Guest Post – For more nutrition advice visit www.lknutrition.com
As a self-proclaimed “FalafeLover” (and “many-other-foods-lover”) in Brooklyn, grabbing a yummy meal at one of the Big Apple’s thousands of amazing eateries is pretty par-for-the-course when it comes to socializing & enjoying New York City life.
BUT, eating out’s not always super budget friendly…
(9 bucks for a measly chicken sandwich… Say what??)
In an effort to save some moola, I committed to avoiding (*almost* all) restaurant-dining in March – as part of my blog series, where I challenge myself to add or eliminate a new “habit” each month. My overall goal for this challenge was to food shop and cook more frugally, without sacrificing the nutritional quality of my meals.
One major take-away has been learning how to better navigate the aisles of my local grocery store, and identify the most low-cost/nutrient-dense foods. News flash to the health-and-budget conscious: healthy home-cooking can still be quite expensive (especially in the city), IF you’re not savvy about it….
….But have no fear, Falafelover is here! To let you know that it IS possible to eat well without breaking your bank account. And now presenting…
FalafeLover’s TOP HEALTHY/CHEAP GROCERY LIST
- Brown rice
- Whole wheat pasta
- Whole wheat bread
- Potatoes (white or sweet)
- Canned beans (any kind – but my fav is Garbanzo, obviously, being a Falafelover, and all :))
- Tofu (extra firm for highest protein content)
- Canned tuna or sardines (in water)
- Cottage cheese (plain, low-fat)
- Collard greens
- Peanut butter (without added sugar/salt)
- Raw nuts (unsalted, in bulk – more cost-effective)
Bonus tips for getting most nutritional bang for your buck:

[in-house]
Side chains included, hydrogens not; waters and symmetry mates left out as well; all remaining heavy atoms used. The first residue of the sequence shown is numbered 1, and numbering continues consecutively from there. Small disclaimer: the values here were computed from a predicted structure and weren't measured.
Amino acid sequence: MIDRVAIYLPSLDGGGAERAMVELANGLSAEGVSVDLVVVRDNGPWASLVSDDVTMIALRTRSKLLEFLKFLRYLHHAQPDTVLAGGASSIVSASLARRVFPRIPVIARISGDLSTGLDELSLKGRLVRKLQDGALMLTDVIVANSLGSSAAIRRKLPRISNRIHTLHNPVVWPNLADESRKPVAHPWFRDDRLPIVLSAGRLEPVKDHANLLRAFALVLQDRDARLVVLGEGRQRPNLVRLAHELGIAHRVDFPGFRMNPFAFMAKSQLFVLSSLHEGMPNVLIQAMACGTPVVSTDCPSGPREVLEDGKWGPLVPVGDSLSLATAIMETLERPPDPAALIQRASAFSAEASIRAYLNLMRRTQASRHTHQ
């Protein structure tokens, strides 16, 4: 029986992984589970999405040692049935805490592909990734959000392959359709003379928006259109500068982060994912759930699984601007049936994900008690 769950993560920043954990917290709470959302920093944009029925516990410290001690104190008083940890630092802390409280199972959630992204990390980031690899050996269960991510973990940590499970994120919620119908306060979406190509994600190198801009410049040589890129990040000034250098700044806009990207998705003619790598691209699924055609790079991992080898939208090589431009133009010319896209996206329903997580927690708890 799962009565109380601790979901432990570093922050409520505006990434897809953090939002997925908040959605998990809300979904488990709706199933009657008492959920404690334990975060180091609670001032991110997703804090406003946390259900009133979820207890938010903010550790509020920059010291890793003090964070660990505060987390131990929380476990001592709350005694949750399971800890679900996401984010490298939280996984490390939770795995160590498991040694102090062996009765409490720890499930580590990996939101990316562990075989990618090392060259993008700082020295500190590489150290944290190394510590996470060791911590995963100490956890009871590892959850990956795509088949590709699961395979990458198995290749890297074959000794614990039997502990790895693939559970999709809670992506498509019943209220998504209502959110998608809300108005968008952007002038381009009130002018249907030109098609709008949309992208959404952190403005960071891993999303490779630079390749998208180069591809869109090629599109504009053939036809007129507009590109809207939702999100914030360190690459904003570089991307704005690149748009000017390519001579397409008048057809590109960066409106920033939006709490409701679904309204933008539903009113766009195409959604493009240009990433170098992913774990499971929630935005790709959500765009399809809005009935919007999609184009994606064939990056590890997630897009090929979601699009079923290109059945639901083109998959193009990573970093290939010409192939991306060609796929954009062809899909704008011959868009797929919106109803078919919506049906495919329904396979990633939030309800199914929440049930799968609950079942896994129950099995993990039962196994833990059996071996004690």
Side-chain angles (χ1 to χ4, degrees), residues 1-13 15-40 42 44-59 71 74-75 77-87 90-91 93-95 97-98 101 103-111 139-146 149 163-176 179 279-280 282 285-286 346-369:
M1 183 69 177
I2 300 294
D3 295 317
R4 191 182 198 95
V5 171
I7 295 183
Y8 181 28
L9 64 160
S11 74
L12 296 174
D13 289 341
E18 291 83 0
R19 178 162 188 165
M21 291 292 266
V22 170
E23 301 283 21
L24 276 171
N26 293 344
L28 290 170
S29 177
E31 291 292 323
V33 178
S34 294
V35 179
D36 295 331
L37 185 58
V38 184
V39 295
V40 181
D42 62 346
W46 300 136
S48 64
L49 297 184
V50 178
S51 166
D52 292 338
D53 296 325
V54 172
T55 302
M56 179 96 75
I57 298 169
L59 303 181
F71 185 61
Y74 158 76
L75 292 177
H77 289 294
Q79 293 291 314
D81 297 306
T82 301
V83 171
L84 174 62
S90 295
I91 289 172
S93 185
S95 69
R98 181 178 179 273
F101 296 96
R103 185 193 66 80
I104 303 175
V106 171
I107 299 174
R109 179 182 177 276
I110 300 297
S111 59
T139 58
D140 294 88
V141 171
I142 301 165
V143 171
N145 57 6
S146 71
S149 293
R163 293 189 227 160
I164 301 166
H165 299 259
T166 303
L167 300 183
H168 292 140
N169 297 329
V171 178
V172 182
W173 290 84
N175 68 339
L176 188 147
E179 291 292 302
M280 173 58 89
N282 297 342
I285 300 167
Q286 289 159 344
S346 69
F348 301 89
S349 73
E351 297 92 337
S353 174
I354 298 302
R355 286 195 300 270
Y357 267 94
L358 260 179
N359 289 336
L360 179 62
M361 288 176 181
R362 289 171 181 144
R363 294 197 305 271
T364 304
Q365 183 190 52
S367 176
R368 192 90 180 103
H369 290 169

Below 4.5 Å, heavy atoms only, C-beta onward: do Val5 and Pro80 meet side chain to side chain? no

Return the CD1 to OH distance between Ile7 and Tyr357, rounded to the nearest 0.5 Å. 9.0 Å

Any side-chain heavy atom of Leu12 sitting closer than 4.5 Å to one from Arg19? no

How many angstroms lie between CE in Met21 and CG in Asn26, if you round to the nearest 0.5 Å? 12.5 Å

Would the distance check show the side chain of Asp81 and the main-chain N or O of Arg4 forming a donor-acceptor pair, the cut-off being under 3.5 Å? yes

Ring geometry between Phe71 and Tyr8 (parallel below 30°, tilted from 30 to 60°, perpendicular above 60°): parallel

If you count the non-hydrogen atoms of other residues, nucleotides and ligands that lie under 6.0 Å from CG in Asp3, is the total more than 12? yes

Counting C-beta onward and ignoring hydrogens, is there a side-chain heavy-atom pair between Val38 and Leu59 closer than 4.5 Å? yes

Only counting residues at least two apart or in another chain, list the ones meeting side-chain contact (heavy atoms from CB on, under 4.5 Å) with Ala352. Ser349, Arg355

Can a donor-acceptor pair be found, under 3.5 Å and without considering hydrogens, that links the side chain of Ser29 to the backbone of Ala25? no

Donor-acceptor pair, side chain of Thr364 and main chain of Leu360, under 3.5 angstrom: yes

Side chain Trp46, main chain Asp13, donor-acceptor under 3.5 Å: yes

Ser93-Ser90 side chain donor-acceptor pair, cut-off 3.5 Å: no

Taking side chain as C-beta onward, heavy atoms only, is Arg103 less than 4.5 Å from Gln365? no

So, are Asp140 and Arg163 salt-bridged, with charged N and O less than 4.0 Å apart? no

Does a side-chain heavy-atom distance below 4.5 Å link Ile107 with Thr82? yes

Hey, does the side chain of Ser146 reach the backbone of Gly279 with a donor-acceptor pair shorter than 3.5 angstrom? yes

- Go for the generic brand whenever you have the option– there’s almost always no difference in the quality
- For canned beans, make sure to rinse out the excess salt
- Cook a big pot of rice or pasta for the week, and then portion it out and use as a base for different stir-fries, soups, etc.
- Produce prices ebb and flow big time depending upon what season we’re in. Berries are cheaper in summer, and squash is cheaper in fall/winter, for example. Go for the produce that’s in-season when you can (it’s fresher and yummier, too).
- Don’t worry about buying organic. It’s not worth it, in my opinion. Just wash your produce well, and you’ll be good to go.
- Skip the protein/granola/energy bars and make your own healthy snacks, like a DIY trail mix with nuts, seeds, dried fruit and little pieces of chocolate.
- Invest in a water bottle and enjoy nature’s healthiest and cheapest form of hydration, H20! Skip the vitamin-infused stuff (way over priced for the lack of nutritional value it offers) and the juice (fresh fruit is cheaper – 30 cents for an orange versus 1 or 2 bucks for a bottle of OJ).